During our brief existence on Earth, we humans haven't exactly been the best house guests. Our agricultural missteps have created a summertime dead zone the size of Connecticut along the Gulf of Mexico, practically turned Kazakhstan's Aral Sea into a kiddie pool, and played a part in the U.S.'s "The Dust Bowl." And that's without touching catastrophes like oil spills.
Yet not all of our handiwork causes the planet harm. There are those who dedicate their professional lives to protecting it, and among them, environmental engineers may be some of the most fascinating. They devise manmade solutions that actually benefit the environment, whether they help contain major oil spills, design more efficient recycling methods, manufacture the next best electric car, or even create bridges that help animals safely cross highways.
The good news is that many schools across the country offer an online environmental engineering degree. Typically, these degree programs can be completed fully online and are usually preferred by students who want to balance work, life, family and other interests.
What to Look for in an Online Environmental Engineering Degree
If you've got a mind for logic and a soft spot for Mother Nature, earning a degree in environmental engineering could be your calling. Based on your professional interests, you can find an online environmental engineering degree from the associate to doctoral level.
Look for schools offering environmental engineering degree programs that are accredited and on par with traditional on-campus programs in terms of academic rigor. Accreditation is important when choosing any degree program. Not only does an accredited degree program open up the chance for you to receive federal funds, if you qualify but accredited programs can make you more competitive in the employment market since employers generally prefer students who have graduated from an accredited program. The most common accreditation for an environmental engineering degree is Accreditation Board for Engineering and Technology (ABET). Graduating with an ABET-accredited degree in environmental engineering can also qualify you to take the Fundamentals of Engineering examination, one of the prerequisites to becoming a licensed Professional Engineer (PE).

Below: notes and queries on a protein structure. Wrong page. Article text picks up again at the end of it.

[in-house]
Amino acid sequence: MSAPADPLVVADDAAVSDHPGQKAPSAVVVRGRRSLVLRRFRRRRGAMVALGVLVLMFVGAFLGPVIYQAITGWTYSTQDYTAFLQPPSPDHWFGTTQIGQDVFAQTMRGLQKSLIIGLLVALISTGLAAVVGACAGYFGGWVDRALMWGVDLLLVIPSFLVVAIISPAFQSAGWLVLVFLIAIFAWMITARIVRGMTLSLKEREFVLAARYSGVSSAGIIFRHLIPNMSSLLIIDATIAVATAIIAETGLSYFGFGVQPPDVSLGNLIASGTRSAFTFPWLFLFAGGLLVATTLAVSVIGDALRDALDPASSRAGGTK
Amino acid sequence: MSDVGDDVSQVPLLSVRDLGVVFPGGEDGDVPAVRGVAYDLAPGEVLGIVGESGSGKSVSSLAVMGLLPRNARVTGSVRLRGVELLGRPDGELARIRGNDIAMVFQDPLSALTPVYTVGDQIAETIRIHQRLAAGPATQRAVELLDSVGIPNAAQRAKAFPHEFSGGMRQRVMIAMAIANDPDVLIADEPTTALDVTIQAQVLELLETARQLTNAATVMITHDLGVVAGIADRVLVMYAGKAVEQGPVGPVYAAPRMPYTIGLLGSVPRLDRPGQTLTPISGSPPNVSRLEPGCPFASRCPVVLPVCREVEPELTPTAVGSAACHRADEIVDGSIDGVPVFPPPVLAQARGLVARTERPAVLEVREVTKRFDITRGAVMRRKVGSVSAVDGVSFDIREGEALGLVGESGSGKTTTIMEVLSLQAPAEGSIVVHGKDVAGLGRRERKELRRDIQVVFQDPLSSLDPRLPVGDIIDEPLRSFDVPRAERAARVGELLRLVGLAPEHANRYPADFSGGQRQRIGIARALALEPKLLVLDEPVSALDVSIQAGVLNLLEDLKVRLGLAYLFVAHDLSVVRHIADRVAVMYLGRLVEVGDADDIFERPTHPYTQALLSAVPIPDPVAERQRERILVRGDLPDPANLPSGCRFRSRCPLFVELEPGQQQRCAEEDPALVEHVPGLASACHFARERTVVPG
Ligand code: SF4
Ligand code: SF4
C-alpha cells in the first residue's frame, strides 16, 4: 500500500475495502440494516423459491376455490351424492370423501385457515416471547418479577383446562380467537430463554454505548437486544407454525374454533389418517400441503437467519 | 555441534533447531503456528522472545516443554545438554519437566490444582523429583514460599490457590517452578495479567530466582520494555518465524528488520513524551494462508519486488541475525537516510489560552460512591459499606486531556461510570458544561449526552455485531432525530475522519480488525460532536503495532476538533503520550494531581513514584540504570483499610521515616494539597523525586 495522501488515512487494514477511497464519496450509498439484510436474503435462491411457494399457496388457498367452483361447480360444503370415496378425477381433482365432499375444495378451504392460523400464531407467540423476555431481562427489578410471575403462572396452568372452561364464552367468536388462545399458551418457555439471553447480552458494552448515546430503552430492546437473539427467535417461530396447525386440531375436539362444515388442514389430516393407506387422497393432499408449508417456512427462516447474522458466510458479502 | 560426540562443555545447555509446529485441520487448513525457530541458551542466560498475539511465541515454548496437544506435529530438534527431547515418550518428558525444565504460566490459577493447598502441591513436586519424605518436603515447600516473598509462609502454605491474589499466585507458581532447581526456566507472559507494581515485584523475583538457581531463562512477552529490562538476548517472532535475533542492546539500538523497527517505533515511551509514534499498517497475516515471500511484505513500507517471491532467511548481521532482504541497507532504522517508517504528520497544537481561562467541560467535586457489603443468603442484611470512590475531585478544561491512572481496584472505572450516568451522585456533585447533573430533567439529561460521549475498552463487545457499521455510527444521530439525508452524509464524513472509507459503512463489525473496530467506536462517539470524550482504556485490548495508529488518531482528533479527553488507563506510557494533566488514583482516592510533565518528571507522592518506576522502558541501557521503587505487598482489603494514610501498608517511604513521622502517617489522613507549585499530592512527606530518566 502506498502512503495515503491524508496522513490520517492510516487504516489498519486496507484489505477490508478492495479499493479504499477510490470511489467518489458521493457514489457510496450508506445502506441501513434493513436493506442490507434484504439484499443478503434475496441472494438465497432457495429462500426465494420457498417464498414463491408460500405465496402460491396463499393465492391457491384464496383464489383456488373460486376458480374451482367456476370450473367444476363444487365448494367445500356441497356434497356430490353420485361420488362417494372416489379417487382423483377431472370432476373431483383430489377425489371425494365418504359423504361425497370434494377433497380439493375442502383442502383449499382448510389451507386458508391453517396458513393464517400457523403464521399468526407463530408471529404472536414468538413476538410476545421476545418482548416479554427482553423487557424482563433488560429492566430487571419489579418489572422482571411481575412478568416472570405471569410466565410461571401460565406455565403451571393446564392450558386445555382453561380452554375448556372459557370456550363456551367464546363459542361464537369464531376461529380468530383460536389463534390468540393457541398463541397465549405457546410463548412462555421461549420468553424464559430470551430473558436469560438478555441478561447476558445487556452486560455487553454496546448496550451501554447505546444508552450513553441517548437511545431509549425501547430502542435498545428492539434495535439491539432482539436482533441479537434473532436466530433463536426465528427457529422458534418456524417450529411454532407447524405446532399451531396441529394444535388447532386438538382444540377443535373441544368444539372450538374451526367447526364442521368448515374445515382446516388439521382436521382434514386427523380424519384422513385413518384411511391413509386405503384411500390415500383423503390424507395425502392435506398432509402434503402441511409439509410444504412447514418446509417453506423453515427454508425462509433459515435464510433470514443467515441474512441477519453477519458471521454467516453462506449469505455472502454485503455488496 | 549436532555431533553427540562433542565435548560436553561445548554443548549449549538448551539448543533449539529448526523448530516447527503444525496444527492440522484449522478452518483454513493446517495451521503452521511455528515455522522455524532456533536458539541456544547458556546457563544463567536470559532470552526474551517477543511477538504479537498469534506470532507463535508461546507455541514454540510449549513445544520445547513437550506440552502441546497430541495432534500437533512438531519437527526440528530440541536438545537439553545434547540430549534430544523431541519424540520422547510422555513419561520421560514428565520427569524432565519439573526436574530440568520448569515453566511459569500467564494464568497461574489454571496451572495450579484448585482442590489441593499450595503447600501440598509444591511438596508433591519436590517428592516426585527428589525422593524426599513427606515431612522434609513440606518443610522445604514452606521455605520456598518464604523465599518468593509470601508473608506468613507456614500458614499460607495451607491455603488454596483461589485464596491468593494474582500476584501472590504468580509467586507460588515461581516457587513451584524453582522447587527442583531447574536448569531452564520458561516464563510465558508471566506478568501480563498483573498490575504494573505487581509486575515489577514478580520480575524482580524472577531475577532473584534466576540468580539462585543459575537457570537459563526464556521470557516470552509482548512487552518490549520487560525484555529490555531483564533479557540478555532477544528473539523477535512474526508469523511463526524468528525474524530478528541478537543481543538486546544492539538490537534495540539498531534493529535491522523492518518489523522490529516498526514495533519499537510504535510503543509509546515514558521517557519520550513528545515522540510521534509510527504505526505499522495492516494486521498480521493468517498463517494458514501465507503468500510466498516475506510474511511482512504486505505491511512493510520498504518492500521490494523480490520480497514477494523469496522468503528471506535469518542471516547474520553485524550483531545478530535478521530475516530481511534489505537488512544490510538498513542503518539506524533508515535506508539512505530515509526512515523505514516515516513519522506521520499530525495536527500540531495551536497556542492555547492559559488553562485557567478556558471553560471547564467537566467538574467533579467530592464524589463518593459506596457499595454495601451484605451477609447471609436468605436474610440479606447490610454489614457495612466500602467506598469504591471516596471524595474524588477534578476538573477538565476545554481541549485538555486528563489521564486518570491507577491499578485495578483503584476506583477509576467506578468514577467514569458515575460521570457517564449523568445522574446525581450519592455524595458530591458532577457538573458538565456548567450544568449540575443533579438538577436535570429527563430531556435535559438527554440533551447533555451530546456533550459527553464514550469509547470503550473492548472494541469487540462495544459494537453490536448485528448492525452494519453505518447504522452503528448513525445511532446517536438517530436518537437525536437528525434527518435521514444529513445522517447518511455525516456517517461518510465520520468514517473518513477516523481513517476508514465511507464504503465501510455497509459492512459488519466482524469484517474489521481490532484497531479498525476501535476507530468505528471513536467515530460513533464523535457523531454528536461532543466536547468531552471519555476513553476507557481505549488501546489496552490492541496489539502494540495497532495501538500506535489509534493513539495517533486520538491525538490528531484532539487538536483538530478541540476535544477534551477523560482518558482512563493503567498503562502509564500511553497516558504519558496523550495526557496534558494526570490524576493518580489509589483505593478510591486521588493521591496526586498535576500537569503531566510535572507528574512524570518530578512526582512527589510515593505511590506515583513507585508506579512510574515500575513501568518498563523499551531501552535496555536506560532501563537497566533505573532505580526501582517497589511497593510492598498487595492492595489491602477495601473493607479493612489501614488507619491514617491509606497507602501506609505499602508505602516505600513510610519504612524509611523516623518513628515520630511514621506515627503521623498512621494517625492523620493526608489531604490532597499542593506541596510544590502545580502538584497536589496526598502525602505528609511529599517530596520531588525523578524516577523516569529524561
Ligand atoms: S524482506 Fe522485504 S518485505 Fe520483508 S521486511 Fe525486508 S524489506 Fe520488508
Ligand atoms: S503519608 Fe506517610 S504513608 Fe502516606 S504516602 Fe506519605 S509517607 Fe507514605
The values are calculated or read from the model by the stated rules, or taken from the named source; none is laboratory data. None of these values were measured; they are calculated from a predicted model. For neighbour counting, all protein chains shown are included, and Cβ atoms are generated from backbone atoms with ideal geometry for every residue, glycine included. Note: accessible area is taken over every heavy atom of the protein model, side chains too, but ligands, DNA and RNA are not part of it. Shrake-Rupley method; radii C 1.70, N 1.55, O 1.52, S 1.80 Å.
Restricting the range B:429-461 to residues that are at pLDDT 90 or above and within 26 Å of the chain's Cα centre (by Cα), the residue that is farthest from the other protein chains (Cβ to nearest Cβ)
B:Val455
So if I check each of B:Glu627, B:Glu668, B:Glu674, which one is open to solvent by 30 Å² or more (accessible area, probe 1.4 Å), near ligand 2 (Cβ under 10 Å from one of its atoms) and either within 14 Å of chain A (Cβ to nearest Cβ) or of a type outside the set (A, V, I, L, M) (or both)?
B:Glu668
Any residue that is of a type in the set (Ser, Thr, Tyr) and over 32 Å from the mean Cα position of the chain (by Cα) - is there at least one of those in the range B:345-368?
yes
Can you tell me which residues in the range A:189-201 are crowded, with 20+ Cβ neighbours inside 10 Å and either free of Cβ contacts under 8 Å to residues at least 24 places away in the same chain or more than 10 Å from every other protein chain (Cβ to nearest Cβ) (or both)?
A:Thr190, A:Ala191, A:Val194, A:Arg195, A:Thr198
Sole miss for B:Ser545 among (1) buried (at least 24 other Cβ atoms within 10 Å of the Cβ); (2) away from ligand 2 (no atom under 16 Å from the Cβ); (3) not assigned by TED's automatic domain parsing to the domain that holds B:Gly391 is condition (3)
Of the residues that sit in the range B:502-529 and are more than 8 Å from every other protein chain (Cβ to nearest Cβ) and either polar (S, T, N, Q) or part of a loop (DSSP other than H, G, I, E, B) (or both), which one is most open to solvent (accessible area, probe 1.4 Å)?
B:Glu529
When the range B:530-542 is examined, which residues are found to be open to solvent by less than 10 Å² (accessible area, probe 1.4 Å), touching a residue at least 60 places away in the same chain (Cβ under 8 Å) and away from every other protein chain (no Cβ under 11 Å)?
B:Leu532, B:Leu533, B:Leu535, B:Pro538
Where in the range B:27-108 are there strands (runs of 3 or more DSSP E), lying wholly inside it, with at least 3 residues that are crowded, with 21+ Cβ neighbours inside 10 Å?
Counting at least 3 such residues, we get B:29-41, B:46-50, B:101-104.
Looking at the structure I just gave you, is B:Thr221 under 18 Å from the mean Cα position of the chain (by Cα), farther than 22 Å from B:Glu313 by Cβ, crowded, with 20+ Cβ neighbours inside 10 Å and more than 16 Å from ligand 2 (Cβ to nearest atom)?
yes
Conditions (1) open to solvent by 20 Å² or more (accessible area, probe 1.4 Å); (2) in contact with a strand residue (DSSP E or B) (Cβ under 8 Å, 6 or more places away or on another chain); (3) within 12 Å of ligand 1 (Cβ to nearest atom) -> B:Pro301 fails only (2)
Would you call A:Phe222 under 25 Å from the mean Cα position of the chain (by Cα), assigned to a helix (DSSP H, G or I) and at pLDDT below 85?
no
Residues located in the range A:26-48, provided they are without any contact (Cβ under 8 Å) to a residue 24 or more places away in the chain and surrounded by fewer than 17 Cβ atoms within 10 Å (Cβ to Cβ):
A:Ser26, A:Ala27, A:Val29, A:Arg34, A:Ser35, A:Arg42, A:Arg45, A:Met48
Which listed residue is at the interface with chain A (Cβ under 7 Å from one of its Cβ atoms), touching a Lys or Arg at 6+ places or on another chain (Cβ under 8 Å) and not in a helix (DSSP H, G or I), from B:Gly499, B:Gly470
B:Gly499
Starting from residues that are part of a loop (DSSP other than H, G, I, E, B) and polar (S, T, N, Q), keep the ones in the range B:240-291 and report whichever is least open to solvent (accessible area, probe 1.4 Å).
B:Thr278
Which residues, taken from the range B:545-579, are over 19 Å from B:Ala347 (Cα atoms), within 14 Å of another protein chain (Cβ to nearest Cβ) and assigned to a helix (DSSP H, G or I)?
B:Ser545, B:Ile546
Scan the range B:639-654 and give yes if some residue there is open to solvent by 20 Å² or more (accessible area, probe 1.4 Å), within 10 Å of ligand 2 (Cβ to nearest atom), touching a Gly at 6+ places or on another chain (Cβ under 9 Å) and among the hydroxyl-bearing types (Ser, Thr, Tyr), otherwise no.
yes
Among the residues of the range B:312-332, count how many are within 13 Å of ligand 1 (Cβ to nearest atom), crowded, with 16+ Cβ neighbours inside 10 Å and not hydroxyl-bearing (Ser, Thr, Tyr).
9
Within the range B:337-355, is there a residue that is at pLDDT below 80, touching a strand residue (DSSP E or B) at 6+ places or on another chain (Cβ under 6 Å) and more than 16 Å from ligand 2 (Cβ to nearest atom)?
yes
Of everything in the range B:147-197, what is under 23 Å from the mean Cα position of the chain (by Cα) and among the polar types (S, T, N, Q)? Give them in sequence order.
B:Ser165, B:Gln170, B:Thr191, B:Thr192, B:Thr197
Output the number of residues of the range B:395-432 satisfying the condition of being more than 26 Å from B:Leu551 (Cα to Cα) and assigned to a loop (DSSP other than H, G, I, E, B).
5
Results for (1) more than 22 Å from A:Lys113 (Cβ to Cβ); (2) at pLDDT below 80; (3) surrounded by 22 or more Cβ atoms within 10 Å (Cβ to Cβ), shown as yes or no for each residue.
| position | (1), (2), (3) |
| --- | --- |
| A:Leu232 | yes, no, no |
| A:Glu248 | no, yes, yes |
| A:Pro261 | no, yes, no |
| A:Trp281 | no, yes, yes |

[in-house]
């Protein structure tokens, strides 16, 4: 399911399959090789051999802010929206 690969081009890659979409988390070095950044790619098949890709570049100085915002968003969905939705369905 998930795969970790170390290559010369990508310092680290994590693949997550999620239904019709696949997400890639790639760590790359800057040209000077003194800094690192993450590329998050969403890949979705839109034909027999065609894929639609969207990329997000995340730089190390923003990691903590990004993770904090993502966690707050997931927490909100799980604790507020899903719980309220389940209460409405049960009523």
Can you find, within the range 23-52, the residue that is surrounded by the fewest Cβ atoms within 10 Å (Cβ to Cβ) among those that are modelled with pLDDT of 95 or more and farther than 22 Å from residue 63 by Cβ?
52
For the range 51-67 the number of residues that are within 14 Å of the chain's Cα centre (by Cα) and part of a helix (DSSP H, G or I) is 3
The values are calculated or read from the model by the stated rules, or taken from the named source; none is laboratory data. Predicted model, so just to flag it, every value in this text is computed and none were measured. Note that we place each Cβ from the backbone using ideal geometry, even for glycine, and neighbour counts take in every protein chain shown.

Careers in Environmental Engineering
Depending on your major, careers in environmental engineering can range from being an environmental engineering technician to top management positions in this field. Typical responsibilities can include collecting and evaluating water and air samples, designing systems and projects to help protect the environment, conducting environmental research and directing environmental engineering projects.
Best Industries for Environmental Engineers (annual mean wages, BLS 2016)
- Nonresidential Building Construction, $113,990
- Basic Chemical Manufacturing, $111,110
- Resin, Synthetic Rubber, and Artificial Synthetic Fibers and Filaments Manufacturing, $109,410
- Legal Services, $107,880
- Natural Gas Distribution, $107,290
Best States for Environmental Engineers (annual mean wages, BLS 2016)
- Alaska, $123,900
- California, $105,160
- District of Columbia, $98,530
- Ohio, $97,970
- Virginia, $97,770
It's interesting to note that compared to other engineering degree programs, environmental engineering has the highest number of enrollments by women.
Learn more about environmental engineering degrees, schools and the careers they could lead to in our infographic below.
Please consult the visual for a full list of sources.